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The fate of the environment has become a common concern. Waste management, sustainable development, clean water, clean air are all topics that have entered the public discourse, and universities have long been looked to as leaders in environmentally conscious policies. Accordingly McGill has steadily been taking steps toward a greener campus.
Some say the university's current initiatives are too timid; to others, McGill is doing everything it can in a difficult political climate. McGill Environmental Officer Kathleen Ng describes the situation imposed by tight purse strings and apathy. "The federal and municipal governments have been quite slow to pursue the environmental goals laid out almost 20 years ago. Funding is tight at McGill and with an underdeveloped bureaucratic infrastructure on a provincial level we occasionally have to make some hard decisions."
When the Senate Committee on Physical Development met November 24 to decide on McGill's environmental agenda, many green policies were passed, though many larger incentives were left to languish for at least another year. A plan to install new recycling bins at regular intervals in every hallway and in elevator bays has been trashed because Quebec couldn't provide funding. McGill's upstart heroes of waste management, Gorilla Composting, received a tenth of the funding they had requested. The AlléGo Program, a new car-pooling and campus transport program was shelved pending further research.
To get a better grasp of the enviro debate at McGill, here are a few of the more salient issues that were discussed at the November meeting.
WASTE MANAGEMENT: "Gorilla Composting is a play on guerilla tactics — we could see that there was no standard process for making McGill environmentally accountable." That's how Gorilla Composting co-founder Danny Spitzberg sums up their inspiration for the name. Founded earlier this year by Spitzberg, U3 Environmental Science, and Kaelan Gell, U3 Civil Engineering and Applied Mechanics, team Gorilla is dedicated to waste management as a shared responsibility of students and staff. Their goal is nothing short of implementing a campus-wide composting infrastructure with appropriate facilities for that scale. But the university has yet to make a long-term financial commitment — the students were seeking $85,000 but will have to do with the $16,000 allotted by the administration.
Kathleen Ng is a big believer in the necessity and feasibility of urban composting. She is happy that Gorilla has taken the initiative to get the program off the ground. However, due to a restrictive budget, she echoes the administration's need for caution. "Gorilla Composting is a great idea and they worked really hard on the project. But the project needs a coherent management structure. For example, when the organizers leave there is no plan for continuity. Nothing gets the green light until they get a coherent proposal." Spitzberg and Kealan disagree. They claim that they have taken care to design a sound and sustainable proposal that has been well researched and carefully thought out. "McGill has simply neglected the opportunity to be a leader on the island of Montreal," says Spitzberg. To see their plan, go to www.gorilla.mcgill.ca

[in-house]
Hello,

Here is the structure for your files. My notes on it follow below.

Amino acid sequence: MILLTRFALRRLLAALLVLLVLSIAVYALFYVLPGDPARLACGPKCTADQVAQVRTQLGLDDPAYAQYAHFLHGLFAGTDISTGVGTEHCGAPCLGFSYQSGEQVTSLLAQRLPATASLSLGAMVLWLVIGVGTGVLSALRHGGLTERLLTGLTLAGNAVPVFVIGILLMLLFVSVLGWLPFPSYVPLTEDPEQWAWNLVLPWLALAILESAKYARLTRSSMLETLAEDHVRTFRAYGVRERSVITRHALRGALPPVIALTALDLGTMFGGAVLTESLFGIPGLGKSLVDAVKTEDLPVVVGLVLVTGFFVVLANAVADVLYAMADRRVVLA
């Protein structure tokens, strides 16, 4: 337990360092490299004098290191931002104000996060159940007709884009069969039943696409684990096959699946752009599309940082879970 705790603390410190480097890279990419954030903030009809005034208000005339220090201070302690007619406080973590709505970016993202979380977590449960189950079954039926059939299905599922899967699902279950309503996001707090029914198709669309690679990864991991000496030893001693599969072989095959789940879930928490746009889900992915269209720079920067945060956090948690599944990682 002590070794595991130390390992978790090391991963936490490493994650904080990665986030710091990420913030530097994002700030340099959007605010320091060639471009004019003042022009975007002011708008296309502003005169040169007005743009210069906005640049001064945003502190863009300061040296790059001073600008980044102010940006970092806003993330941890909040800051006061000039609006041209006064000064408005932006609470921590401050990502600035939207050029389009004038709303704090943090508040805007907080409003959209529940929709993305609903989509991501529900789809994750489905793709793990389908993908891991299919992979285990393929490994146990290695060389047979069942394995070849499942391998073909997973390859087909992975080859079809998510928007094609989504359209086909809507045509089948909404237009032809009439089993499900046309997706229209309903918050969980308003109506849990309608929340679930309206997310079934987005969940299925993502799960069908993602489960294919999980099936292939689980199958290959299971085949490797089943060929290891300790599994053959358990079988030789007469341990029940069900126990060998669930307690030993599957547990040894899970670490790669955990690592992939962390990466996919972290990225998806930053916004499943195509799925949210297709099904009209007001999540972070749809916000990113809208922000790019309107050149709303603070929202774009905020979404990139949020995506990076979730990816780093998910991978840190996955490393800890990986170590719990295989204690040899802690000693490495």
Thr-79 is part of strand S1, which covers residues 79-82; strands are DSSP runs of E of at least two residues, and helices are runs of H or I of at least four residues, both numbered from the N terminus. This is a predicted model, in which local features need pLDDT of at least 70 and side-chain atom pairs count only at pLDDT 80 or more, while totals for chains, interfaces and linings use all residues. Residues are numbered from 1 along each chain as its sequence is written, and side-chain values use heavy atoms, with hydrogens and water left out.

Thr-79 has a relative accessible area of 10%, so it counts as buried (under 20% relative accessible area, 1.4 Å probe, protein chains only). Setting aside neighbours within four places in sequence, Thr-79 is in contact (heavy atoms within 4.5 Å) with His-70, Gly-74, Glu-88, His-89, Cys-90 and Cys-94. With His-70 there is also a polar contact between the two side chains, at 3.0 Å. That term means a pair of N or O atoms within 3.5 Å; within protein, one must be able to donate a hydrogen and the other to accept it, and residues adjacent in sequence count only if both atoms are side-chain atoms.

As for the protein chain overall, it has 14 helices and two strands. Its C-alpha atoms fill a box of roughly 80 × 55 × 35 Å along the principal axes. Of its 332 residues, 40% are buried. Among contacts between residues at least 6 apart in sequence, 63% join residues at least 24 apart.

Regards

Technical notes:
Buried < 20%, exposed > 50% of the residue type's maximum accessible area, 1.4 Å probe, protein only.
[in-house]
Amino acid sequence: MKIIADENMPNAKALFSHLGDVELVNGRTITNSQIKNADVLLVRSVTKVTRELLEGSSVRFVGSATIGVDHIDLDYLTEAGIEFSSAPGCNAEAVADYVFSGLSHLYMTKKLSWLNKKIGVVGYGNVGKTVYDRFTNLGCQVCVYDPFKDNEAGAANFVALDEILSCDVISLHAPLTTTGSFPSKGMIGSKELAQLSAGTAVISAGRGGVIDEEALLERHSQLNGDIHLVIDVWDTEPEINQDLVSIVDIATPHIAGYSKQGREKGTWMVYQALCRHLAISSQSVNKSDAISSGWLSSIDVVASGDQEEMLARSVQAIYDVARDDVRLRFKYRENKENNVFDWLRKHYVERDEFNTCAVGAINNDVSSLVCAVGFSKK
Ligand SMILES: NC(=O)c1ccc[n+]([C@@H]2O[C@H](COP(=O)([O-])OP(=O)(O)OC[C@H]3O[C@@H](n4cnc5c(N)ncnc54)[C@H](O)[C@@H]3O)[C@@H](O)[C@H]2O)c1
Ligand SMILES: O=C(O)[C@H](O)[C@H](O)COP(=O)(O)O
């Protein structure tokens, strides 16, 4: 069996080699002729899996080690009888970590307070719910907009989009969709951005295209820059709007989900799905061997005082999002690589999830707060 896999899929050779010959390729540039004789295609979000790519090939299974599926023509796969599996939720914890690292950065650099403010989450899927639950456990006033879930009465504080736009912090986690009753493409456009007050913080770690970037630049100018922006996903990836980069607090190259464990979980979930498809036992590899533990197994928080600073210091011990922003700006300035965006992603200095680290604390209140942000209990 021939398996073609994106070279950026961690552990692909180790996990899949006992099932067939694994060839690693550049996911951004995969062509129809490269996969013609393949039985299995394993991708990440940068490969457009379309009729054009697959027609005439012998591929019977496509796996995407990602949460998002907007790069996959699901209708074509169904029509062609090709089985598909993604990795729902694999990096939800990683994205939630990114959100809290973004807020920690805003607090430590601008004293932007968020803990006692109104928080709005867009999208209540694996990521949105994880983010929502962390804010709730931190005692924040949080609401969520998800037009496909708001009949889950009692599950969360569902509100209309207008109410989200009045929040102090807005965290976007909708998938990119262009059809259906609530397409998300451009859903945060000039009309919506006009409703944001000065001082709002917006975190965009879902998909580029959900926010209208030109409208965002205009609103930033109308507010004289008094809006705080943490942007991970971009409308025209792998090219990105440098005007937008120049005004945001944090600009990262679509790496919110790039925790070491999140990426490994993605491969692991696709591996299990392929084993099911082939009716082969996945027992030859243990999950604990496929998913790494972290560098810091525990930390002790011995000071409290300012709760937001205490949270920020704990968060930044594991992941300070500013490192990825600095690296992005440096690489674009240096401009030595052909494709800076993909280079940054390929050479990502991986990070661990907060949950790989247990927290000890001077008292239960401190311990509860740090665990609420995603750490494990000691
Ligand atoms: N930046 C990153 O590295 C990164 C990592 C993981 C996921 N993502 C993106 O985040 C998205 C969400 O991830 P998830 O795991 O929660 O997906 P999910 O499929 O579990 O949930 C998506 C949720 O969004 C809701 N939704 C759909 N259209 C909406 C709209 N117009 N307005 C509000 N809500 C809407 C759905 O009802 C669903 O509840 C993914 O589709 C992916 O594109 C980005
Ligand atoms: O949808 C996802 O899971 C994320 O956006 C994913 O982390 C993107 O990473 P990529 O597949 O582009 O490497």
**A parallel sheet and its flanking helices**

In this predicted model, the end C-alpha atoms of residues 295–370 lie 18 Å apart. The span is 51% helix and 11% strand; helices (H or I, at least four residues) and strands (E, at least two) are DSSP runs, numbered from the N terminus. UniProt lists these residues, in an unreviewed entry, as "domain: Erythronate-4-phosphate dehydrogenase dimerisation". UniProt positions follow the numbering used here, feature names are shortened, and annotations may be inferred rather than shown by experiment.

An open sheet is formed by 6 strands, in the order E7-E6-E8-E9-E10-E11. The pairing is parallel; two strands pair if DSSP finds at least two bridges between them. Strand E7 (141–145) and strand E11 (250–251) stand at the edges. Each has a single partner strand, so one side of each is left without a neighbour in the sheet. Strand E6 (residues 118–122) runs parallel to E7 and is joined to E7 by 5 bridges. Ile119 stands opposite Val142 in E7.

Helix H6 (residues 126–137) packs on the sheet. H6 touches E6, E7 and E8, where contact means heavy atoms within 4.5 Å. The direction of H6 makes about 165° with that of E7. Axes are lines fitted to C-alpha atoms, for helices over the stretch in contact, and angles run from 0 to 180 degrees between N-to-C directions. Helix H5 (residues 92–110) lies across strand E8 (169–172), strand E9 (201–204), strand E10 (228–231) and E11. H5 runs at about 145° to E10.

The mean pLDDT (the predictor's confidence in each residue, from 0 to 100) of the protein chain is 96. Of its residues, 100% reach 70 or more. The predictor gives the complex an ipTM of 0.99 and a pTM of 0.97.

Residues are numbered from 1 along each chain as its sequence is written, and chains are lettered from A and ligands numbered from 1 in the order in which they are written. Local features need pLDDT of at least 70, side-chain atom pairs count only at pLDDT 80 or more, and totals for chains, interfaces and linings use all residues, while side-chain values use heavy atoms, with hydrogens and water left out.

ALLÉGO: In an attempt to encourage responsible fuel consumption and to reduce emissions, McGill signed on as a participant in the AlléGo program. McGill has been working on transportation demand management for both its downtown and Macdonald campuses to reduce the number of commuters arriving in single occupancy vehicles. A great idea, but not yet ratified, as the Senate Committee did not get to a vote on the issue. The project is scheduled for review in January.
CLEAN & GREEN PROJECT: Under this program, the university provides removal of unwanted equipment and other bulky items from campus. Last year the program removed 1.6 tonnes of unwanted equipment. In 2005, over 55 metric tonnes of material were picked up from both campuses, of which 87 percent was re-used or recycled instead of being dumped as landfill. The successful program will continue. The university will hold these cleanups twice a year to allow departments to make better use of limited space by eliminating clutter.
RECTO-VERSO PAPER USE POLICY: The Recto-Verso project, originally spearheaded by students, resulted in the development of a proposed paper use policy that has recently been approved by the Board of Governors. McGill Printing and the student group Caring About Resources in Engineering produce scratch pads from one-side use paper. The Macdonald Campus Students` Society also purchased bins strategically placed where the public can deposit non-confidential one-side-use paper to be used as scratch paper. Using 30 per cent post-consumer stock, the program is slated to cut paper use by thousands of sheets per semester.
BIKE FLEET/BIKE RACKS: To encourage the community to consider more efficient, eco-friendly means of transportation across campus, Macdonald Campus has implemented the best-performing bike loan system in the province for two consecutive years. The number of loans has more than doubled since the program's debut in 2003, from an initial 700 to more than 1,500 in 2004. Also in fall 2006, 20 new bike racks will be installed on the downtown campus capable of holding up to 90 bicycles.
To find out more about green campus initiatives, go to www.mcgill.ca/rethink/initiatives